Perfect kickoff Ailey dancers raise money and hopes


THE ALVIN AILEY American Dance Theater performed before a sellout crowd at the Mechanic Theater last night in what appeared to be the perfect kickoff to a three-year residency in Maryland.

After an enthusiastic audience gave the dancers a five-minute standing ovation, nearly 500 of the company's staunchest supporters, who had paid from $100 to $250 a ticket for the evening, retired to the Omni Hotel for some dining, dancing and all-around celebrating.

The Valentine's Day party marked the beginning of a fund-raising campaign by the Alvin Ailey Dance Theater Foundation of Maryland, the local group that hopes to raise $2.5 million to support the company's many workshops and performances in the state during the next three years.

Two more performances will be given tonight and tomorrow night at the Mechanic. They, too, are sold out.

As politicians, artists and business and community leaders mingled, sharing champagne and roast beef and listening to the music of Brenda Alford and her jazz trio, superlatives about the Ailey company and the potential for dance's growth in Maryland flowed freely.

"My hope is that the foundation really takes hold and is able to replicate what we saw tonight in every county in Maryland," said Rep. Kweisi Mfume, a member of the Congressional Arts Caucus who has supported efforts to raise money for the statewide program.

Ideally, the residency program will bring the professional dancers into Maryland from New York City for extended periods over the next three years to spread their expertise and enthusiasm, not only in the local dance community but to potential devotees of dance.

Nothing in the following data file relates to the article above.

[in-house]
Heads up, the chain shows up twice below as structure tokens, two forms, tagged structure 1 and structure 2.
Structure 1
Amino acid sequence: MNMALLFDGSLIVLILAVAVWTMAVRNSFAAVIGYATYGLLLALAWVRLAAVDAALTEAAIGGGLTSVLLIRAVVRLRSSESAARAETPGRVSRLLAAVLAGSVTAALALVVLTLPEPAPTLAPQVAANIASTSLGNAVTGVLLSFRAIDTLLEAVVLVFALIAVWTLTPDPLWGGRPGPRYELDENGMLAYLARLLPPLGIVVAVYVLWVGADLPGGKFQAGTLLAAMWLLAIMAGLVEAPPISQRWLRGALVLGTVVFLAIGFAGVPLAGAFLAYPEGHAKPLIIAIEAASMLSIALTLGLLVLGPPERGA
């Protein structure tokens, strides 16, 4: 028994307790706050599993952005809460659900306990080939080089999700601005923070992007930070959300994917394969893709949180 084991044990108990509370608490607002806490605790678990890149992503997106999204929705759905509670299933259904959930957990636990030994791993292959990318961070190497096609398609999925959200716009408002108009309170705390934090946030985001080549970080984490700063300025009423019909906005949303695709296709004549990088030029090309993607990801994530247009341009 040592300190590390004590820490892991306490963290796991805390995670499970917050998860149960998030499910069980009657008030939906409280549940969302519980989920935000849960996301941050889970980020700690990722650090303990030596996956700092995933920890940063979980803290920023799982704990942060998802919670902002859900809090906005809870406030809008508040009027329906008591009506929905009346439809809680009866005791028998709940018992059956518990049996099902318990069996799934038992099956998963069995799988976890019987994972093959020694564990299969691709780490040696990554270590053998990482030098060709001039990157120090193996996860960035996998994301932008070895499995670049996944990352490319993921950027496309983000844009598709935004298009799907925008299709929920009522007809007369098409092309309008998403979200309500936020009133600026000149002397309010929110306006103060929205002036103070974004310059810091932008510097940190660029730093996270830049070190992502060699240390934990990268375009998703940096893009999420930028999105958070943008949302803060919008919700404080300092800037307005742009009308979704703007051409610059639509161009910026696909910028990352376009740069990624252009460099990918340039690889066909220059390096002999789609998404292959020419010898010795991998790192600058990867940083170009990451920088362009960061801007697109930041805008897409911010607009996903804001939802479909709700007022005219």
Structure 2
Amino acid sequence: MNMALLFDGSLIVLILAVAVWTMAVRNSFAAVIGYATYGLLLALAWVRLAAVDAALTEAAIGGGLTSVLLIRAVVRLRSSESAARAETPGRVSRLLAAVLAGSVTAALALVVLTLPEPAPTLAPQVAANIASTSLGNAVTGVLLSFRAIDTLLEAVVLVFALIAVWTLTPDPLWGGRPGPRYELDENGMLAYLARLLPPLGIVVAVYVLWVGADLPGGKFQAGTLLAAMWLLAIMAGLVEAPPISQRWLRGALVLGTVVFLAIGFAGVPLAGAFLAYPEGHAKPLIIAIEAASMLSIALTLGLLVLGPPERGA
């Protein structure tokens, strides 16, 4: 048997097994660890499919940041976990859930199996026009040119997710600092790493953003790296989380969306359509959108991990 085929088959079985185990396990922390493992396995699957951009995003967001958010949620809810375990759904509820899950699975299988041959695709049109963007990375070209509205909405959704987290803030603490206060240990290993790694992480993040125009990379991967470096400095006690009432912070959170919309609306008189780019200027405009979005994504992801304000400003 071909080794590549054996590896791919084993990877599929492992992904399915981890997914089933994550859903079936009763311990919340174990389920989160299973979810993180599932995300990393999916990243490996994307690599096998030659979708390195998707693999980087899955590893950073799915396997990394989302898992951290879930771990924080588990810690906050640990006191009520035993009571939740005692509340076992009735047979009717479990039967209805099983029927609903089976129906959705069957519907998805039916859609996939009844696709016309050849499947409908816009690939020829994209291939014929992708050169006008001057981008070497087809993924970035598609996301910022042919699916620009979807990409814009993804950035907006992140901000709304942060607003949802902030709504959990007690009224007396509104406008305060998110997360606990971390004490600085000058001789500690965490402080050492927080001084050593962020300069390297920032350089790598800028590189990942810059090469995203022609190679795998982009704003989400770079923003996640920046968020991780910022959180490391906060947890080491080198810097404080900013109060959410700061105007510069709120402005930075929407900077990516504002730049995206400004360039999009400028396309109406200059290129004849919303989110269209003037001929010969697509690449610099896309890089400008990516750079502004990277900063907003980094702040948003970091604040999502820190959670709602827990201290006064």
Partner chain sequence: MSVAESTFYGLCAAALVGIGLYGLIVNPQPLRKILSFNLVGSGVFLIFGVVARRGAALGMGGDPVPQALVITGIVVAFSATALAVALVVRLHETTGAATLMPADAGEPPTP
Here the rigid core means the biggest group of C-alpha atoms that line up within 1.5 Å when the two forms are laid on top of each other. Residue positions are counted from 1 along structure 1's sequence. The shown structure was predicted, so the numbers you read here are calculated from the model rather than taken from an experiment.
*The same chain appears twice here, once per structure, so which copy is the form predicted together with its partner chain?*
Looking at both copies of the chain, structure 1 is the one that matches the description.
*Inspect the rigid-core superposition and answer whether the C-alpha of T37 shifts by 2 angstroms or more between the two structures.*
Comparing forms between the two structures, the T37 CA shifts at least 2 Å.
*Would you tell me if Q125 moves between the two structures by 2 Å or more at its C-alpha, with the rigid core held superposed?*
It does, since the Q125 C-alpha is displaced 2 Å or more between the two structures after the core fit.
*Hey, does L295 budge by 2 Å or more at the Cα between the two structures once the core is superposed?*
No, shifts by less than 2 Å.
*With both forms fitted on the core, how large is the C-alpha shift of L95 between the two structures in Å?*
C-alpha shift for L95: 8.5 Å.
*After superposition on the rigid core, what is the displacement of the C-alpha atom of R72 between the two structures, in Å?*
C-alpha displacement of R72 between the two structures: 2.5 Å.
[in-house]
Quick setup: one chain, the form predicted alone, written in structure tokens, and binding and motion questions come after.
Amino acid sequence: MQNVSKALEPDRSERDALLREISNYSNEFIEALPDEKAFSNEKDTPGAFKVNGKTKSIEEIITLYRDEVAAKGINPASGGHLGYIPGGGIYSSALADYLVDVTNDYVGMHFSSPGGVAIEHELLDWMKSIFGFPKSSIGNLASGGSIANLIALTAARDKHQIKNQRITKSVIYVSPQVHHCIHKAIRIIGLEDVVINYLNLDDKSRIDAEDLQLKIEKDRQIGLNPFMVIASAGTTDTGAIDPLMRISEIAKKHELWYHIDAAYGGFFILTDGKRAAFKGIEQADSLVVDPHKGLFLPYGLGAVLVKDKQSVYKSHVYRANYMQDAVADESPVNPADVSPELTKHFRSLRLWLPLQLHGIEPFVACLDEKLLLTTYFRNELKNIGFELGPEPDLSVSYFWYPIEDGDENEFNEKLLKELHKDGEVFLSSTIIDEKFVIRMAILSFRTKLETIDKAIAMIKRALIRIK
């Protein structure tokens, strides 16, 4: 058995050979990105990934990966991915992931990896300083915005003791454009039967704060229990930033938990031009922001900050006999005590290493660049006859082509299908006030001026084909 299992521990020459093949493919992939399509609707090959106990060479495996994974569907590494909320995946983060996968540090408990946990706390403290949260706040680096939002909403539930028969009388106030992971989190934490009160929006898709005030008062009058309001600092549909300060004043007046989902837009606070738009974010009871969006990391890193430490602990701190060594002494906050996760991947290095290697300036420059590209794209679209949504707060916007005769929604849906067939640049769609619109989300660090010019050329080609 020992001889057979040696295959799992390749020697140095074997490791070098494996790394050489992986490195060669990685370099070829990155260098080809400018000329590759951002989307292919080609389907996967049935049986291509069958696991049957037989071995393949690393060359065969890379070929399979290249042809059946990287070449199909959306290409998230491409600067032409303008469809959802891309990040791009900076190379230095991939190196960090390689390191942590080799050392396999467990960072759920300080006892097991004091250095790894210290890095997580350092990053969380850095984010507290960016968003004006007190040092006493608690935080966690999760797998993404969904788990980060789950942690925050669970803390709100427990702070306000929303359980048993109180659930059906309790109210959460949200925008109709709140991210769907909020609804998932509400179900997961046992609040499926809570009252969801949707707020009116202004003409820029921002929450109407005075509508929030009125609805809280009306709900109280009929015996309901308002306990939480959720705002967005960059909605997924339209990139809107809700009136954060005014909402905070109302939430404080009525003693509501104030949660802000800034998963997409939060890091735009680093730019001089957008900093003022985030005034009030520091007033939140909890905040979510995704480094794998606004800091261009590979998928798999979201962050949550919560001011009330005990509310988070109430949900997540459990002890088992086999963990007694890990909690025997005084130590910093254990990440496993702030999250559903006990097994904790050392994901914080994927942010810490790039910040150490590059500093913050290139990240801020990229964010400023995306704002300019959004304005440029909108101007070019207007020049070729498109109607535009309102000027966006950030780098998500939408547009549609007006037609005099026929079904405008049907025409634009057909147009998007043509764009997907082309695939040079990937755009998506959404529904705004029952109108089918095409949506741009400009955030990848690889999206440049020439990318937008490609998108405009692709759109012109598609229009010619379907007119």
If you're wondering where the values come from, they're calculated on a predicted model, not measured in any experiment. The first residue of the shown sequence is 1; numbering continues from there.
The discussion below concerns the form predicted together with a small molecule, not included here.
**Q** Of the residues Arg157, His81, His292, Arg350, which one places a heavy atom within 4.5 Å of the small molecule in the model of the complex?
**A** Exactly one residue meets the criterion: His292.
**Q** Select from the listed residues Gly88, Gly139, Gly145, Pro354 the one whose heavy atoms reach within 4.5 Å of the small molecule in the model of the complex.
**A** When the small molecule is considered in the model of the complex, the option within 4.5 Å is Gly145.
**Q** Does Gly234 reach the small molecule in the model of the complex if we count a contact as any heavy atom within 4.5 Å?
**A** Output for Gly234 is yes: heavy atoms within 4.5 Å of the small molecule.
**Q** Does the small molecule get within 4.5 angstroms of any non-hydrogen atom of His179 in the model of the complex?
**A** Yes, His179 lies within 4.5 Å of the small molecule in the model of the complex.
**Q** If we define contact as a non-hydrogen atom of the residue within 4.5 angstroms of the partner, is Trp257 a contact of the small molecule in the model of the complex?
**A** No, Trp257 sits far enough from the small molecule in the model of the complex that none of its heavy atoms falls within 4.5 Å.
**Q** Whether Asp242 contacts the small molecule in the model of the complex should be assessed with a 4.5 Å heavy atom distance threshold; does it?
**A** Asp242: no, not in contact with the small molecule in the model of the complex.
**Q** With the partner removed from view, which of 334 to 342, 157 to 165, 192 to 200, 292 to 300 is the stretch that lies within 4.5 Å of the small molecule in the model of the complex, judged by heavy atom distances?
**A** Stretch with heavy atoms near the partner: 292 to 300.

On the agenda are workshops, school and community demonstrations, master classes, rehearsals, performances by the company's junior troupe and a summer dance camp at Morgan State University for underprivileged youth.

The first "outreach" portion of the residency is set for April 27-May 19, said Marsha Reeves, marketing director for the foundation. Company members will give performance workshops at 20 public schools in Baltimore City and at 20 more schools throughout the rest of Maryland as well as at a few community centers and hospitals.

If they incite nearly the response then that they did last night, success seems inevitable. Several times during the program the audience erupted into applause at the dancer's prowess, and when the final selection ended the crowd stood for five minutes, until at last the 18 dancers persuaded the audience to clap them through an encore of "Rocka My Soul in the Bosom of Abraham."

"It was wonderful," said Sylvia Brown, who at a pre-performance cocktail party was one of many admirers who stood in line to meet Judith Jamison, the company's executive director. A fan of modern dance since her college days at Howard University, Brown nevertheless had never seen the Ailey company perform live. "This is the first time I've seen them perform in person. And am I impressed," she said.

It's just that sort of dance patron the foundation hopes to inspire with the Ailey company's presence in Maryland, said Ann McIntosh, executive director of the foundation. The ultimate goal, she said, is to improve the popularity of the entire dance community in Maryland, including the smaller, local groups that often struggle for an audience.

"People come out of this company's performances loving dance," said Jay Schlossberg-Cohen, director of the Maryland Film Commission, who stood out in the crowd of tuxedos wearing an anti-censorship T-shirt instead of a formal shirt. Schlossberg-Cohen, who has followed the Alvin Ailey dancers for 20 years, said their ability to engage the audience is what makes them so successful.

"They're energetic, athletic, enthusiastic -- I think they're the best dance company in the world."

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